The Province of Catania
There is a dramatic feel to Catania. Situated at the foot of Mount Etna, the sense of being near the most active volcano in Europe is ever present. The people of Catania claim that the city has a higher energy frequency due to the volcanic activity, giving the city its unique feel and atmosphere.
The fact that Catania today isn’t one of the big tourist magnets of Sicily does not mean that the city is without a long and vibrant history. On the contrary, when the Greeks first started colonizing the island around the year 800 BC, they first embarked in Giardini Naxos (thus the Greek sounding second part of the name, the letter X is almost never used in Italian), just southwest of Taormina. From there they spread further southwest and settled Catania, Megara, Hyblea, Syracuse, and Gela before finally moving even further west towards Agrigento and Selinunte.
Two major natural disasters robbed the region of any reminders from its earliest days. First Mt. Etna had a massive eruption in 1669, that destroyed some of the western parts of the city. This was followed by a devastating earthquake in 1693 that put large parts of Catania, Syracuse,
Noto, Ragusa, Modica, Caltagirone and Scicli in ruins, and roughly killed 5% of the Sicilian population. So those more architecturally inclined will have to settle for buildings from the baroque-era, made from black lava rock.
Catania is a bit of an Eldorado for foodies, sporting a surprisingly high number of great quality restaurants, with no less than six of which that have been awarded one star or more by the Michelin Guide. If you have reservations about eating horse, however, you should pay close attention to the menu, because the local specialty is horse meat in all its forms. If you are lucky, you might also catch one of the frequent nightly horse races going through the city, that are as popular as they are illegal. The fish market by the docks is legendary and an absolute must while visiting. Lively, messy and wonderful.
The Sicilians are masters when it comes to throwing religious parties. There will either be celebrations of the local patron saints or of something higher up in the Catholic hierarchy. They celebrate with processions, brass orchestras, and the whole shebang. One of the most spectacular celebrations in Catania is that of Sant’Agata, held 3-5 February each year. Sant’Agata was a young Christian woman who lived during the 3rd century. A Roman governor by the name of Guinziano fell in love with her and tenaciously tried to seduce the young woman. In fact, he was so tenacious that she ended up committing suicide in order to save her chastity on the 5th of February 251 AD. The festivities are spectacular, and last all day and night during the two days. On the programme are loads of processions - of course - but also more unique occurrences, like people carrying their own weight in candle wax during the entire night in order to repent for their sins. Apart from all this is, of course, a barrage of Sicilian food, drink, and music to enjoy. It is a must for anybody who is anywhere in Sicily during the beginning of February to visit these festivities. Luckily a train ride to Catania from pretty much anywhere on the island is both affordable and practical. Just north of Catania are the three A’s: Acireale, Aci Castello, and Acitrezza. They are known in Sicily for offering the best granita on the island. Well worth a visit.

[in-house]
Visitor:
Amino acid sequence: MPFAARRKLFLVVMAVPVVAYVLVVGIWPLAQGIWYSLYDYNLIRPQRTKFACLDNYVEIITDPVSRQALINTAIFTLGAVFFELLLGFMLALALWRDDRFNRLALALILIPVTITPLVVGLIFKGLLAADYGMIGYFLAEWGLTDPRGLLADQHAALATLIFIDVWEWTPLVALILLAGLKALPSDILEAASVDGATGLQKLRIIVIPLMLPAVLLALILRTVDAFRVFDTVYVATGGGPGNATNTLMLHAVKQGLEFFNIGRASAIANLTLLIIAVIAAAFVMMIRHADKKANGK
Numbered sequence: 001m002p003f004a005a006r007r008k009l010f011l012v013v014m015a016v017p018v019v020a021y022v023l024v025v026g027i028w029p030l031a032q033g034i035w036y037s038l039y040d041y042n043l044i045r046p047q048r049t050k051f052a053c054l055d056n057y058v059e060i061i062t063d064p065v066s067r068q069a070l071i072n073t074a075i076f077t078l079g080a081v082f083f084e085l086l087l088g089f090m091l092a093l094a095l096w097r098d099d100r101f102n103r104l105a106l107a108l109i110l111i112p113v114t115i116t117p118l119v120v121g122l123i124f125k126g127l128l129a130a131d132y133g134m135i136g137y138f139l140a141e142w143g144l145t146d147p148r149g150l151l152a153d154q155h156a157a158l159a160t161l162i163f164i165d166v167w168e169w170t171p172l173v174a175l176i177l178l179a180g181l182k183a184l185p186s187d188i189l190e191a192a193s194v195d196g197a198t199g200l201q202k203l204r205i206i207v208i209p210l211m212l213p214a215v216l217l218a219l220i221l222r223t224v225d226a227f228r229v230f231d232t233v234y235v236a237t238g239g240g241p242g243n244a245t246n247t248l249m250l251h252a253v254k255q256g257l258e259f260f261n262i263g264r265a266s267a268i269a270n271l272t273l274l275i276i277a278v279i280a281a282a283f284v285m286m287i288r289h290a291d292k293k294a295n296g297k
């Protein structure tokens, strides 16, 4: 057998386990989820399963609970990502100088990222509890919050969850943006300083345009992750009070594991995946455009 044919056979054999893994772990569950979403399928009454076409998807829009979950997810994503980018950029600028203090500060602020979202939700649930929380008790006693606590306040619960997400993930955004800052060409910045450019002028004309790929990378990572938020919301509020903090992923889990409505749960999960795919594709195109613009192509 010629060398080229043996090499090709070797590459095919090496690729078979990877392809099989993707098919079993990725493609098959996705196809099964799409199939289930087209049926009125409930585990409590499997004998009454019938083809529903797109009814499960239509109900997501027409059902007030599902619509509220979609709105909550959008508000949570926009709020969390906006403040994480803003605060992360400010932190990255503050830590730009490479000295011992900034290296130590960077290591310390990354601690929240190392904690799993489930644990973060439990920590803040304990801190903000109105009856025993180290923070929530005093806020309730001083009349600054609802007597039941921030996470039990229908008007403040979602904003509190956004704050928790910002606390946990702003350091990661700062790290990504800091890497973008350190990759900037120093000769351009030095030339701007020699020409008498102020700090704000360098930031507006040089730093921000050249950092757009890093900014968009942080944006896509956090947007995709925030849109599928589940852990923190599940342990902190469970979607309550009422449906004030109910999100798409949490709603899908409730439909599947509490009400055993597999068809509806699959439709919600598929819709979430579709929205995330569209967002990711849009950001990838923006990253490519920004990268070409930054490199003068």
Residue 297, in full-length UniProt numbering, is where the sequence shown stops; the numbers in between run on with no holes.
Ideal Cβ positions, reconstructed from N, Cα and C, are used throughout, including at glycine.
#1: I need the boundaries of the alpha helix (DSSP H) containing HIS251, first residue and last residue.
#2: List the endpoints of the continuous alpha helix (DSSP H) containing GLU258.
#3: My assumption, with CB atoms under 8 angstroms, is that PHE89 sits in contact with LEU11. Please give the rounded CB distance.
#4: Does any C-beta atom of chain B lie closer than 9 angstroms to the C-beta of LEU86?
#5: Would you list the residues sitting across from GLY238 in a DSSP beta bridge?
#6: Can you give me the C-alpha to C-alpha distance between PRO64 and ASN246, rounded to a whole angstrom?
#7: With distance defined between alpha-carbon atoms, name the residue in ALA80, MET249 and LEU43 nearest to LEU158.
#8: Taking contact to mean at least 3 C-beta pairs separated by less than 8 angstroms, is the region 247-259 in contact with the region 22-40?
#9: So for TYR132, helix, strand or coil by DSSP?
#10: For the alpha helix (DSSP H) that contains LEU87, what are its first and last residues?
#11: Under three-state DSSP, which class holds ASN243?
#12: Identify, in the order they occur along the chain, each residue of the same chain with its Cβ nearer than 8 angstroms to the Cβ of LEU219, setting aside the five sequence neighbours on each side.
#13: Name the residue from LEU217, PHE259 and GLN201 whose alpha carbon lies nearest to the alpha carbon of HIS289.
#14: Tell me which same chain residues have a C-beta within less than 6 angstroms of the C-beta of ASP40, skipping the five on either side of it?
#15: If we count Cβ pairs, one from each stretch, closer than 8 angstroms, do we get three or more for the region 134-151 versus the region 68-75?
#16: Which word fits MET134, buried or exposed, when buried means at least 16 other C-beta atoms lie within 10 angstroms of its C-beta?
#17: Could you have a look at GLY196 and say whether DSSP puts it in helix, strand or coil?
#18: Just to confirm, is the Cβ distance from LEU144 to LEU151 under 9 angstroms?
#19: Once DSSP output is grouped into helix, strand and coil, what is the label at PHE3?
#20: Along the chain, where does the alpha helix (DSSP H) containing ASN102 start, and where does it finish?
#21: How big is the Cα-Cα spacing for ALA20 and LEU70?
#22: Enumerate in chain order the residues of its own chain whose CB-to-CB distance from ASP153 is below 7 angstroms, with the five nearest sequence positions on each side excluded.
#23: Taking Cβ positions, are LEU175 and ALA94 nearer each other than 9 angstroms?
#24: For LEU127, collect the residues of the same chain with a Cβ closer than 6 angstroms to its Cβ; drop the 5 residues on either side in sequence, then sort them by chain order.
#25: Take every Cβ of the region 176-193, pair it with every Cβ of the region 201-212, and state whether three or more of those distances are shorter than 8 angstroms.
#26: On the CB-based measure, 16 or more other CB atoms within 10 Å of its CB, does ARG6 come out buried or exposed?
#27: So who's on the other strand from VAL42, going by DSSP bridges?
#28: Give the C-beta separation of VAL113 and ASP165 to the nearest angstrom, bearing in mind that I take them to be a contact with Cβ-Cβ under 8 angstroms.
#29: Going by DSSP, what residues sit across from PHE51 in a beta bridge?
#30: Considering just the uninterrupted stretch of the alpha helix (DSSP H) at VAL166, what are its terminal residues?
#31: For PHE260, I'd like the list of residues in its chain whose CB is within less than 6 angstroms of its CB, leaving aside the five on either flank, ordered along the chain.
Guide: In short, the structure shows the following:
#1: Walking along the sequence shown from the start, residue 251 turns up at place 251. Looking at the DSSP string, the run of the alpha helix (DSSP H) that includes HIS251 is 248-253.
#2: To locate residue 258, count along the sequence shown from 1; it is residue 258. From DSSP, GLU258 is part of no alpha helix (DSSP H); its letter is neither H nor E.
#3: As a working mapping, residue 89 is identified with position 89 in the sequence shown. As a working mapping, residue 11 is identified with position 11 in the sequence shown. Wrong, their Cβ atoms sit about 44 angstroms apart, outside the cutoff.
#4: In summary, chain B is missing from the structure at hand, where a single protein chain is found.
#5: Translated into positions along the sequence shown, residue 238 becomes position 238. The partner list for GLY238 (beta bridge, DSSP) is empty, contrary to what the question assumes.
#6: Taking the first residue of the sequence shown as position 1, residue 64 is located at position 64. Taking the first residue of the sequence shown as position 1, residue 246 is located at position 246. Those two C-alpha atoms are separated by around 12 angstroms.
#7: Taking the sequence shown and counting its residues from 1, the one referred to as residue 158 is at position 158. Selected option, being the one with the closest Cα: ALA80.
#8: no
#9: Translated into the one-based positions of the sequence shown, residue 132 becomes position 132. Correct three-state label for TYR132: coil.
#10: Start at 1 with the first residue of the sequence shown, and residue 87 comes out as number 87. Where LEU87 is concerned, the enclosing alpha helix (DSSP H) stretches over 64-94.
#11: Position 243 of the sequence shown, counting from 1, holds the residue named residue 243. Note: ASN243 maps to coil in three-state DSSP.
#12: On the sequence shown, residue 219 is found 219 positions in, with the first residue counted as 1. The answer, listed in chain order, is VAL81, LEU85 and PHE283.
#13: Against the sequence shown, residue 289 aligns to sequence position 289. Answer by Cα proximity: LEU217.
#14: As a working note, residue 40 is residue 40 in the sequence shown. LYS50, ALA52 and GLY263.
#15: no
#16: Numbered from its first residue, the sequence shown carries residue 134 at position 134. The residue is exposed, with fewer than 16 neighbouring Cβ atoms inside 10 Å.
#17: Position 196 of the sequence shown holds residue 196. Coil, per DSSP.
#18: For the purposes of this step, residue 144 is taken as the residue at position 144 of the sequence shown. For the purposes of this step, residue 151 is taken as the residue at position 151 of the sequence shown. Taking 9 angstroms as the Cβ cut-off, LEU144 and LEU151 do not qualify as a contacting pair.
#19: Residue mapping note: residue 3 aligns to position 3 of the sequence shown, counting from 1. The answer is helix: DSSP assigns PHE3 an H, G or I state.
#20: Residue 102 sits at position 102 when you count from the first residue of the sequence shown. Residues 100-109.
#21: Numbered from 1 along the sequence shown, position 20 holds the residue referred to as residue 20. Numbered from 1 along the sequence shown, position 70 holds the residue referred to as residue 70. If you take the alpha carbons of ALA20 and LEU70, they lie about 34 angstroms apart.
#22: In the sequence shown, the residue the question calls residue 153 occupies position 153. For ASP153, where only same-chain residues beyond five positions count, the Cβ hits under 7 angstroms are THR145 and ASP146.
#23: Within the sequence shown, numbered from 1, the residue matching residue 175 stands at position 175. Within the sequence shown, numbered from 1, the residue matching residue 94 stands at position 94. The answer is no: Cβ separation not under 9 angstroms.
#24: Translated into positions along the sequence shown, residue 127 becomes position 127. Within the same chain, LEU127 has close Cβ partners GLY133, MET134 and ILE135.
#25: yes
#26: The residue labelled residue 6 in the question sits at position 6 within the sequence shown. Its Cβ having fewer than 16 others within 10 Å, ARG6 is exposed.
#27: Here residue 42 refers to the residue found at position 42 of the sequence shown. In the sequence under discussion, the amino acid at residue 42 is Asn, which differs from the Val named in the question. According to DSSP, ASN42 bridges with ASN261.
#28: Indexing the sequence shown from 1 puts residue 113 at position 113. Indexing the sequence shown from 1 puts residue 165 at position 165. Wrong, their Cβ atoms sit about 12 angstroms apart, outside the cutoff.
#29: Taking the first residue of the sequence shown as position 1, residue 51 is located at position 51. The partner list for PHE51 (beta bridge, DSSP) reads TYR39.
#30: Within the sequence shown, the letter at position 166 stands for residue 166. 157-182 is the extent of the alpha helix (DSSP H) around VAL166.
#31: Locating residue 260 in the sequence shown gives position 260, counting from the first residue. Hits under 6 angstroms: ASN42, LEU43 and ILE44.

Famed composer Vincenzo Bellini (1801-1835) was Catanese. He is most famous for producing a variety of operas during his short lifetime, but he also made contributions to other areas regarding the quality of life. The dish Pasta alla Norma, which stems from Catania, is said to be named after Bellini’s opera Norma. According to legend, a playwright by the name of Nino Martoglio shouted ‘Chista è 'na vera Norma!’ when served this dish cooked to perfection. What he meant was that the dish was perfect, just like the opera Norma was the perfect opera. One should also not neglect the delicious and refreshing drink bearing his last name, made from Prosecco and apricot purée. Not bad for a man who spent a mere 34 years in this world.
The grande, one might even say flamboyant, volcano Mt. Etna dominates this entire part of Sicily. It is impossible not to constantly see, and feel its presence. This usually ends up with people wanting to climb it, but being 3300 meters tall, it is suggested to take a bus or car at least part of the way up. For instance to Rifugio Sapienza, where there is an aerial lift that can take you right to the very top. You could also walk the rest of the way up from here (worth noting is that this activity is known in Italian as ‘footing’). When you finally reach the top, you will be rewarded with steaming craters and a beautiful moon landscape, where the sulfur, iron oxide and other chemicals make the mouths of the crater shift in green, yellow and red.
In winter time the aerial lift is used mostly by skiers, and anyone who takes their skiing seriously should have at least once skied down an active volcano. The almost constant volcanic activity of Etna has made the soil around it very fertile. This means that you will find lots of vineyards around it, producing high-quality wines. The area is also known for its mushrooms, sausages, cheese and blood oranges.